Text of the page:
```
library(latex2exp) # for plotting mathematical symbols (LaTeX)
library(remotes) # for loading packages from GitHub
library(ggplot2) # for fancy plotting
library(mvtnorm) # the multivariate normal distribution
```

# Maximum likelihood by numerical optimization

### Introduction

In this tutorial you will learn how maximum likelihood estimates and standard errors can be computed by numerical optimization routines in R. We learn about a general way to compute a normal approximation of the sampling distribution of the maximum likelihood estimator, which can be proved to be accurate in large samples, but is typically surprisingly accurate also for smaller sample sizes.

It will take some work to get to the end of the document, but by the end of it you will have learned invaluable tools for a statistician/data scientist/machine learner giving you the super-power đȘ to use the computer to estimate the parameters and their uncertainty in quite complex models.

We will start with simple models with a single parameter to cover all the concepts, and then move on to the practically more important multi-parameter case.

Letâs first load some useful libraries (install them using `install.packages()`

if you havenât already).

### Data

We will use the dataset `ebaycoins`

in the R package `SUdatasets`

for illustration. The dataset contains data from 1000 eBay auctions of collectorâs coins^{1}. Letâs load the dataset and have a look:

```
#install_github("StatisticsSU/SUdatasets") # uncomment if this is not installed
library("SUdatasets")
head(ebaycoins)
```

```
BookVal MinorBlem MajorBlem PowerSeller IDSeller Sealed NegFeedback
1 18.95 0 0 0 0 0 0
2 43.50 0 0 1 0 0 0
3 24.50 0 0 1 0 0 0
4 34.50 1 0 0 0 0 0
5 99.50 0 0 0 0 0 1
6 9.50 0 0 0 0 0 0
ReservePriceFrac NBidders FinalPrice
1 0.3688654 2 15.50
2 0.2298851 6 41.00
3 1.0200000 1 24.99
4 0.7217391 1 24.90
5 0.1672362 4 72.65
6 1.2094737 2 17.52
```

Each auction (rows in the dataset) will be taken as an observation, and the dataset has the following variables:

the number of bidders in each auction (

`NBidders`

)the final price (

`FinalPrice`

)the book value of the coin according to a coin collector catalogue (

`BookVal`

).the sellerâs reservation price (lowest price that the seller is willing to sell for) as a fraction the book value (

`ReservePriceFrac`

).binary variables on whether or not the seller is a verified ebay seller (

`IDSeller`

), sells large quantites (`PowerSeller`

) and if the seller has many reviews with negative feedback (`NegFeedback`

)binary variables with information about the condition of the object: if it has a minor blemish (

`MinorBlem`

), a major one (`MajorBlem`

), or sold in its original unbroken packaging (`Sealed`

).

We will intially analyze only the variable `NBidders`

, the number of bidders in each auction. A histogram of the data are plotted below.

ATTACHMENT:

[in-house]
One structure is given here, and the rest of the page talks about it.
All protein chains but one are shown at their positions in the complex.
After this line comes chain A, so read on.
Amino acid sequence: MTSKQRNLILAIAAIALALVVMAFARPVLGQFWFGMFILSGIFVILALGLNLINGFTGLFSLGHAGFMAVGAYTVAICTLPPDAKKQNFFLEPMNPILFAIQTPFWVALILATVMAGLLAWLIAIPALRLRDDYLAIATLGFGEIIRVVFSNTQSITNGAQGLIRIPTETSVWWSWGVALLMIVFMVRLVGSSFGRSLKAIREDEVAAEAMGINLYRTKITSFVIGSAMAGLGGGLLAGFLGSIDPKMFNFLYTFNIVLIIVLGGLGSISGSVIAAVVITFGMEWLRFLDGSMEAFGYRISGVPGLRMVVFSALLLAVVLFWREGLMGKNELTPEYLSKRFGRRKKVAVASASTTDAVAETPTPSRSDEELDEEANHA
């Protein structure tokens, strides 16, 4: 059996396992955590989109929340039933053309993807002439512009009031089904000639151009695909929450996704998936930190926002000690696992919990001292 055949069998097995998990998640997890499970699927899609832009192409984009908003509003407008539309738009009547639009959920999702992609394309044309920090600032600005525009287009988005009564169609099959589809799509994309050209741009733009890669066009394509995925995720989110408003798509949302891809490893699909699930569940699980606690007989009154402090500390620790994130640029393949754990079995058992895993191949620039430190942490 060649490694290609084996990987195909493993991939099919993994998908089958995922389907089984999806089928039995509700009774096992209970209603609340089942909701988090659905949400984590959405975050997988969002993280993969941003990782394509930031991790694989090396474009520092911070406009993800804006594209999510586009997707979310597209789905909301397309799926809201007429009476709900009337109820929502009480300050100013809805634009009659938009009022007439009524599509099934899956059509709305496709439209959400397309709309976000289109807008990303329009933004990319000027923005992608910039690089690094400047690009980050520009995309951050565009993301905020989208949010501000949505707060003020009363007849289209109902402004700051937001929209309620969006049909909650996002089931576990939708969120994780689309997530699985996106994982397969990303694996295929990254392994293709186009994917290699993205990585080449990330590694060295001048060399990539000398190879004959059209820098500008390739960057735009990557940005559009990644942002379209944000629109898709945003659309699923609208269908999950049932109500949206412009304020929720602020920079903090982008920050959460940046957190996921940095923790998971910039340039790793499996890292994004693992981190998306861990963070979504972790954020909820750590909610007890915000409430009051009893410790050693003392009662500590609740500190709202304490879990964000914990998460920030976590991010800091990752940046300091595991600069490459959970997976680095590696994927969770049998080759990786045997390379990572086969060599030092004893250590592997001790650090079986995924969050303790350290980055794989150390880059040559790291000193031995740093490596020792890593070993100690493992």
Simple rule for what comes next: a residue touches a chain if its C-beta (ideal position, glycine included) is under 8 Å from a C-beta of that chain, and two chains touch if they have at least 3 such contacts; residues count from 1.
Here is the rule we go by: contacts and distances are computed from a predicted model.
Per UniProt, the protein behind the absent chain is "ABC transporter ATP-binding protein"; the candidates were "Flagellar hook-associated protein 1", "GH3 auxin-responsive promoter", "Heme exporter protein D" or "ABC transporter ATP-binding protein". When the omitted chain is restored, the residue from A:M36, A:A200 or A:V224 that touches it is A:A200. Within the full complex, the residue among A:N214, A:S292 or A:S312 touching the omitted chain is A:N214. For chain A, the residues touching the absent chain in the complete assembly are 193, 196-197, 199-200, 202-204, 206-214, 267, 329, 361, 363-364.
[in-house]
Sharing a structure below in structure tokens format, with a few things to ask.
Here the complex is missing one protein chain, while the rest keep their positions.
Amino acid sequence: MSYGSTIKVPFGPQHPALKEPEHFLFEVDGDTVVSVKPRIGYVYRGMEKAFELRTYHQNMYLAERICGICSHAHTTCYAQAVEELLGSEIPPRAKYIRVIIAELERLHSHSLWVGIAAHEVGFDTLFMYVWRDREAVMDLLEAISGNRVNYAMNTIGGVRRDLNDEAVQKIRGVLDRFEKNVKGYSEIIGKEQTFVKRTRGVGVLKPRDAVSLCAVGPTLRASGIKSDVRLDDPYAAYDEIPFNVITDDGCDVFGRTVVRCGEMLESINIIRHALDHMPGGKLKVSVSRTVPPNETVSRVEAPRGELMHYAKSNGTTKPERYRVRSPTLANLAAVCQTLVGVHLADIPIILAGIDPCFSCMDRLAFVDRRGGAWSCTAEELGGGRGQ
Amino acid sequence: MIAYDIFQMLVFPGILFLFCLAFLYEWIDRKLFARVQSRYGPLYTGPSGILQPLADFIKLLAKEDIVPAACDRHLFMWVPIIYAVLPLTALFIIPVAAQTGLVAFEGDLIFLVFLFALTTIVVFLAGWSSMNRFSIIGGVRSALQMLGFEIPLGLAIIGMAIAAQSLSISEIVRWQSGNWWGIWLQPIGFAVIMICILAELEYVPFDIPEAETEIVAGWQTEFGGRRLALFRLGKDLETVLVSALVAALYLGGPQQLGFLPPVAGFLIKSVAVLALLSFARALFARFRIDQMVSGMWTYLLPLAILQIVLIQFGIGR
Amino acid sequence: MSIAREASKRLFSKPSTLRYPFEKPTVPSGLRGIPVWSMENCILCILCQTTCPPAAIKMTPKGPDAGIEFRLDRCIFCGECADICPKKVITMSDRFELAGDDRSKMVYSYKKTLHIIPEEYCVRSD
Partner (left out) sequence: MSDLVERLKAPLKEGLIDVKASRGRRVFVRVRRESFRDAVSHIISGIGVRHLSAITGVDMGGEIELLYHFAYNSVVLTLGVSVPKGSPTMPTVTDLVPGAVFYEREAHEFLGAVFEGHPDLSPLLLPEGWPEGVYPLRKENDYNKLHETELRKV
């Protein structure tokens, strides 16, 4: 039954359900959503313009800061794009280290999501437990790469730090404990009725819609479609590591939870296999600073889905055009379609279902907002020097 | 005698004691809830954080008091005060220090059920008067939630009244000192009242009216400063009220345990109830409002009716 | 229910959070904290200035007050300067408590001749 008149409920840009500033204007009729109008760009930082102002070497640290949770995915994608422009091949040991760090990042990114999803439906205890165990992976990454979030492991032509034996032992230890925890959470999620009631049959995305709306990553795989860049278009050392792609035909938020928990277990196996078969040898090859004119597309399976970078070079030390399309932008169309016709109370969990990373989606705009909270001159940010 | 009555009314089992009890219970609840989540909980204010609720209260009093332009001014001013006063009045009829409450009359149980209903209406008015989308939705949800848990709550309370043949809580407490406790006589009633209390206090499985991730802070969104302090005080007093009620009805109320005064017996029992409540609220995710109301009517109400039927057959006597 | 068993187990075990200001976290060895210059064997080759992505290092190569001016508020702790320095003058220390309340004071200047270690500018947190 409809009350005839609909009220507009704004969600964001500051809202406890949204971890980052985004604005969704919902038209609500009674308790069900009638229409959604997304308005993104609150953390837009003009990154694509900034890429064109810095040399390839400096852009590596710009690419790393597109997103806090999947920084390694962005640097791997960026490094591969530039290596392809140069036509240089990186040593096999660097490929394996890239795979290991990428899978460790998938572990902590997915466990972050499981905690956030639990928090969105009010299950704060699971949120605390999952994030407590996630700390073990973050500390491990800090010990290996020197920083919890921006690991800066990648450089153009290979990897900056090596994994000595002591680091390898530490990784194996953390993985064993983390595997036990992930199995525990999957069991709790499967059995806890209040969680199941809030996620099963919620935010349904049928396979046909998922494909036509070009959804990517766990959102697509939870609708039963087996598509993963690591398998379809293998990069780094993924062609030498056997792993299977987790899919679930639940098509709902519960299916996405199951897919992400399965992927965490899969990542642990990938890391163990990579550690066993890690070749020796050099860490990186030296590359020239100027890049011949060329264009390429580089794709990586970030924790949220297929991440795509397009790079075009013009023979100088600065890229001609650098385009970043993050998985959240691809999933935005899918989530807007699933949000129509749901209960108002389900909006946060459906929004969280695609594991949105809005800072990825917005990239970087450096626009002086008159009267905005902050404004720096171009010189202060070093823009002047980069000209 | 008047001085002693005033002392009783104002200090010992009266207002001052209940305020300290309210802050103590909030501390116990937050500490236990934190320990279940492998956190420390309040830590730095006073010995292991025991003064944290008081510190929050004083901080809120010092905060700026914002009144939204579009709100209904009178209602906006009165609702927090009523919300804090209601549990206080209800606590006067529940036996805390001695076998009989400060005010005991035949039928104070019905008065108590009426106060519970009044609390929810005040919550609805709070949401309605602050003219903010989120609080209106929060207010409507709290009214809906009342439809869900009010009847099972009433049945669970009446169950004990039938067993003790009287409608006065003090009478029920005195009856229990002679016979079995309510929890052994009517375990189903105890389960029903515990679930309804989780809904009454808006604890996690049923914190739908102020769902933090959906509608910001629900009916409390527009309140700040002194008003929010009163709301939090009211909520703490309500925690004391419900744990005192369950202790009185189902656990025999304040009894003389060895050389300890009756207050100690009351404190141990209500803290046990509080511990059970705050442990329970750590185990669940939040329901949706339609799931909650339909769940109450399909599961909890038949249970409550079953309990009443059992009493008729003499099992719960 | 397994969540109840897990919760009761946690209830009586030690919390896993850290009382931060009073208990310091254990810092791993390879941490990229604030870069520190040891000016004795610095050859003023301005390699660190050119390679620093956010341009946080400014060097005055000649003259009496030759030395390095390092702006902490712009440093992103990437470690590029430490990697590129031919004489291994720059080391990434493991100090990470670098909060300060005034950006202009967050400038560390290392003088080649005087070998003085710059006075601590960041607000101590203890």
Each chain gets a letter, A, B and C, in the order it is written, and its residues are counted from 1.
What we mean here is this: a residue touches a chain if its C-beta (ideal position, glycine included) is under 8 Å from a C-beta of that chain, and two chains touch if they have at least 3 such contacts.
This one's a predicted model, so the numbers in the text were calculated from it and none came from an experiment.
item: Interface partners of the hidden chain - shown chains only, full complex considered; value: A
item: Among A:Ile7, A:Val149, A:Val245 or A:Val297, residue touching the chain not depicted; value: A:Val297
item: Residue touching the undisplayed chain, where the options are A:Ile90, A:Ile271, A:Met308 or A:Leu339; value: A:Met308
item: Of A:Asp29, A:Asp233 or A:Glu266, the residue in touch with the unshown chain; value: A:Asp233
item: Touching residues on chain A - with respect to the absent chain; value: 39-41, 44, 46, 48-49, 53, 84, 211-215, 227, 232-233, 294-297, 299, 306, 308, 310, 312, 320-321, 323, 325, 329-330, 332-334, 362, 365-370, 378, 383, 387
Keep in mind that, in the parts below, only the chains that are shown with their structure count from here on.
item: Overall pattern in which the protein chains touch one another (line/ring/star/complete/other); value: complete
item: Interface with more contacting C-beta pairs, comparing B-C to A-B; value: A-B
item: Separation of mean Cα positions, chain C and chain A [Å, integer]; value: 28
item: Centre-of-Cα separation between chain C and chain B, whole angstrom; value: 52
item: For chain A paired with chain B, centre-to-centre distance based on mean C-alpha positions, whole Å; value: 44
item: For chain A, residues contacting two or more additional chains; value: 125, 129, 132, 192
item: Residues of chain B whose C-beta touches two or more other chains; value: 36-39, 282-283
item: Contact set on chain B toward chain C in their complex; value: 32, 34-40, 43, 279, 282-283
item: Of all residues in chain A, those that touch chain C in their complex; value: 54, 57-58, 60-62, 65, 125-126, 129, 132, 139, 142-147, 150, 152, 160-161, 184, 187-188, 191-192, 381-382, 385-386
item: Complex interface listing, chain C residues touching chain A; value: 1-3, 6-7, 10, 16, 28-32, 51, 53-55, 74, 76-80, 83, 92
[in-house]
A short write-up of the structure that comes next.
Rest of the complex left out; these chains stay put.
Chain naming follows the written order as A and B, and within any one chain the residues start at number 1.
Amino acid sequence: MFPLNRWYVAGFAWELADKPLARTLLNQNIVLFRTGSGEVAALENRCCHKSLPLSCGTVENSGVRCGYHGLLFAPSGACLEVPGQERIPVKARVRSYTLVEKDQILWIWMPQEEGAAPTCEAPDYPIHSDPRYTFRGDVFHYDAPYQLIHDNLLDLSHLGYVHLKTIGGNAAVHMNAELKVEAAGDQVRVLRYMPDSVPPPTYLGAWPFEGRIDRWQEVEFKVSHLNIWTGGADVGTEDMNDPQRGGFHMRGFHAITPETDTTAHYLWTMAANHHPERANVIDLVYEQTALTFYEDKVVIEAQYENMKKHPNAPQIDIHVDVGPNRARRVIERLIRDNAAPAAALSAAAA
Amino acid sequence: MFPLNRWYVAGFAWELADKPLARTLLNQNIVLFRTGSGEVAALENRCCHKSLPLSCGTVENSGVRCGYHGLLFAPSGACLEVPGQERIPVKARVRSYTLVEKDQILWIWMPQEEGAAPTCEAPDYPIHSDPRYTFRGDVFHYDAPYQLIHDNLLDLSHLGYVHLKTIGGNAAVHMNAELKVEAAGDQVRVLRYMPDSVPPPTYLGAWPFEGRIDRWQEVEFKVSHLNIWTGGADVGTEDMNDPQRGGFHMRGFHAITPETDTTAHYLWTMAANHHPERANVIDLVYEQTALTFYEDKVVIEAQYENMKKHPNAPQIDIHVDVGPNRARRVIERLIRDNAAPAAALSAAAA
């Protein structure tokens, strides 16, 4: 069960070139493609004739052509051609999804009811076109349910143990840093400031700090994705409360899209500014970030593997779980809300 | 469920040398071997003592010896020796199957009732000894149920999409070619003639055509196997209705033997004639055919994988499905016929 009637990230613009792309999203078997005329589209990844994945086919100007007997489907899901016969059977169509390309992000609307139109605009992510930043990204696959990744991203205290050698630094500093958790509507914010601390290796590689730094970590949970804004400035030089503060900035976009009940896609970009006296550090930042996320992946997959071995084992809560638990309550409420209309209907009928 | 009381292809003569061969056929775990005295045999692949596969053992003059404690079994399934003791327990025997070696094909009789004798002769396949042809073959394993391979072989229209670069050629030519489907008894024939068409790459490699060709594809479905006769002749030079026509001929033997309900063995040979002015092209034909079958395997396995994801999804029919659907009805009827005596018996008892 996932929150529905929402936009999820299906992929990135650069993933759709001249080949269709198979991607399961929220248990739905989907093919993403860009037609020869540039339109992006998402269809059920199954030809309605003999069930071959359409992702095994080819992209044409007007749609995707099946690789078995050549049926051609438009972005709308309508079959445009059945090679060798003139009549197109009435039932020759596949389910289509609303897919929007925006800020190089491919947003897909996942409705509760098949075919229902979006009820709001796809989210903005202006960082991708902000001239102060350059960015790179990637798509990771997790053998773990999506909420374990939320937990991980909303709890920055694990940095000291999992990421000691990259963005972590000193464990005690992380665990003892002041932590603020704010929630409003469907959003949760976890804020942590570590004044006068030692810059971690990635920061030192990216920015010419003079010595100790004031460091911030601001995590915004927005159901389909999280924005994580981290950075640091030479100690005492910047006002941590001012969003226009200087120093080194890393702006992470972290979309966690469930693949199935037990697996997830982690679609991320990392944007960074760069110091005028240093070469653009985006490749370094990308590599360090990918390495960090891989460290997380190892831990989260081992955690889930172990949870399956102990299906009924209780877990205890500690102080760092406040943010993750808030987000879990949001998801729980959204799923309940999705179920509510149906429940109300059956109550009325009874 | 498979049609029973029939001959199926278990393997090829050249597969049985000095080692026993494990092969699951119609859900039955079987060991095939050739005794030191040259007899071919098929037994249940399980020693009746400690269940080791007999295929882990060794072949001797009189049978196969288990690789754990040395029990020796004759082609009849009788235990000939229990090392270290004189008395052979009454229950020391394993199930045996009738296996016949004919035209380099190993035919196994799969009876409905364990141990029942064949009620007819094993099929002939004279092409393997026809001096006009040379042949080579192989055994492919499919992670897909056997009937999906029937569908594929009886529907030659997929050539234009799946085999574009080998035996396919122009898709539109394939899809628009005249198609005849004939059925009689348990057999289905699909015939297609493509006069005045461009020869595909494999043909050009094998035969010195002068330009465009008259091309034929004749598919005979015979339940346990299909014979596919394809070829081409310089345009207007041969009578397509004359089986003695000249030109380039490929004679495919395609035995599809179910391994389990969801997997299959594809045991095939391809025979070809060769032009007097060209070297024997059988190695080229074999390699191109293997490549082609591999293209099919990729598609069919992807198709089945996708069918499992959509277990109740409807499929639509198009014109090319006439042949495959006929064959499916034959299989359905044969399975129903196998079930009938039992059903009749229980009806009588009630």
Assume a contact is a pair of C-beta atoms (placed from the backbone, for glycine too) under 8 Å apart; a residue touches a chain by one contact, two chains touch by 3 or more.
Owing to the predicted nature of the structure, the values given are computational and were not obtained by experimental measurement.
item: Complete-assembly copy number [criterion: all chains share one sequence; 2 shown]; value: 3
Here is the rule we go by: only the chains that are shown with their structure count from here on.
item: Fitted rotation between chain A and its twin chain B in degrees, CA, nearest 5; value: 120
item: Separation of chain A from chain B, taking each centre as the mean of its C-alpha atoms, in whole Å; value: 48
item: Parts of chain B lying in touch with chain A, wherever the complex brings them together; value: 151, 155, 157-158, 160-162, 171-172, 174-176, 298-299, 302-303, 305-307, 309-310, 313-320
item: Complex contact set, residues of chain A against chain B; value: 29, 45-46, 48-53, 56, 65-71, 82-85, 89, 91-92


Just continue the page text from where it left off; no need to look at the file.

## Show the code

```
= data.frame(prop.table(table(ebaycoins$NBidders)))
df names(df) <- c("NBidders", "Proportions")
ggplot(df, aes(x = NBidders, y = Proportions)) +
geom_bar(stat = "identity", fill = "steelblue") +
scale_y_continuous(labels = scales::percent) +
labs(
x = "NBidders",
y = "Proportion"
+
) theme_minimal() + # Use a minimal theme
theme(
panel.grid.major = element_blank(), # Remove major gridlines
panel.grid.minor = element_blank() # Remove minor gridlines
)
```

### The likelihood function and maximum likelihood for the Poisson model

Since `NBidders`

is a count variable, a natural first model to consider is the **Poisson model**:

\[ Y_1,\ldots,Y_n \vert \lambda \overset{\mathrm{iid}}{\sim}\mathrm{Poisson}(\lambda) \]

where we use the symbol \(Y\) for the random variable `NBidders`

and \(y\) as the observed value. The Poisson has one particularly noteworthy property: the parameter \(\lambda\) is both the mean *and* the variance, i.e. if \(X\sim\mathrm{Poisson}(\lambda)\), then \(E(X)=V(X)=\lambda\). This makes the Poisson model suitable for count data where the mean and variance are approximately equal, which is not true for all datasets.

You can get to know the Poisson distribution \(P(X=x)\) by changing its parameter \(\lambda\) with the slider below. Hover over the bars in the plot if you want to see the exact probabilities. The darker shaded bars represent the distribution function, i.e. probabilities of the form \(P(X\leq x)\).

We can estimate \(\lambda\) by the **maximum likelihood** (**ML**) metod. The ML method finds the value for \(\lambda\) in the Poisson distribution that maximizes the probability of the observed dataset \(y_1,\ldots,y_n\).

##### Probability of the observed data - only the first auction

To break this down, let us start with the probability of observing the number of bidders in the *first* auction \(y_1\) (which was `Nbidders = 2`

, see the dataset above). Assuming a Poisson distribution, this probability is given by the formula (where \(y_1\) is the observed number of bidders in the first auction): \[
P(y_1 \vert \lambda) = \frac{\lambda^{y_1}e^{-\lambda}}{y_1!}
\]

where \(n!=n(n-1)(n-2)\cdot 2 \cdot 1\) is the usual factorial and \(P(y_1 \vert \lambda)=\mathrm{Pr}(Y_1=y_1 \vert \lambda)\). Now, assume that \(\lambda = 3\). The probability of observing the number of bidders in the first auction (`Nbidders = 2`

) is then \[
P(y_1 = 2 \vert \lambda = 3) = \frac{3^{2}e^{-3}}{2!} = 0.2240418
\] We can let R do this calculation for us using the `dpois`

function

`dpois(x = 2, lambda = 3)`

`[1] 0.2240418`

If we instead had \(\lambda = 2\), this probability changes to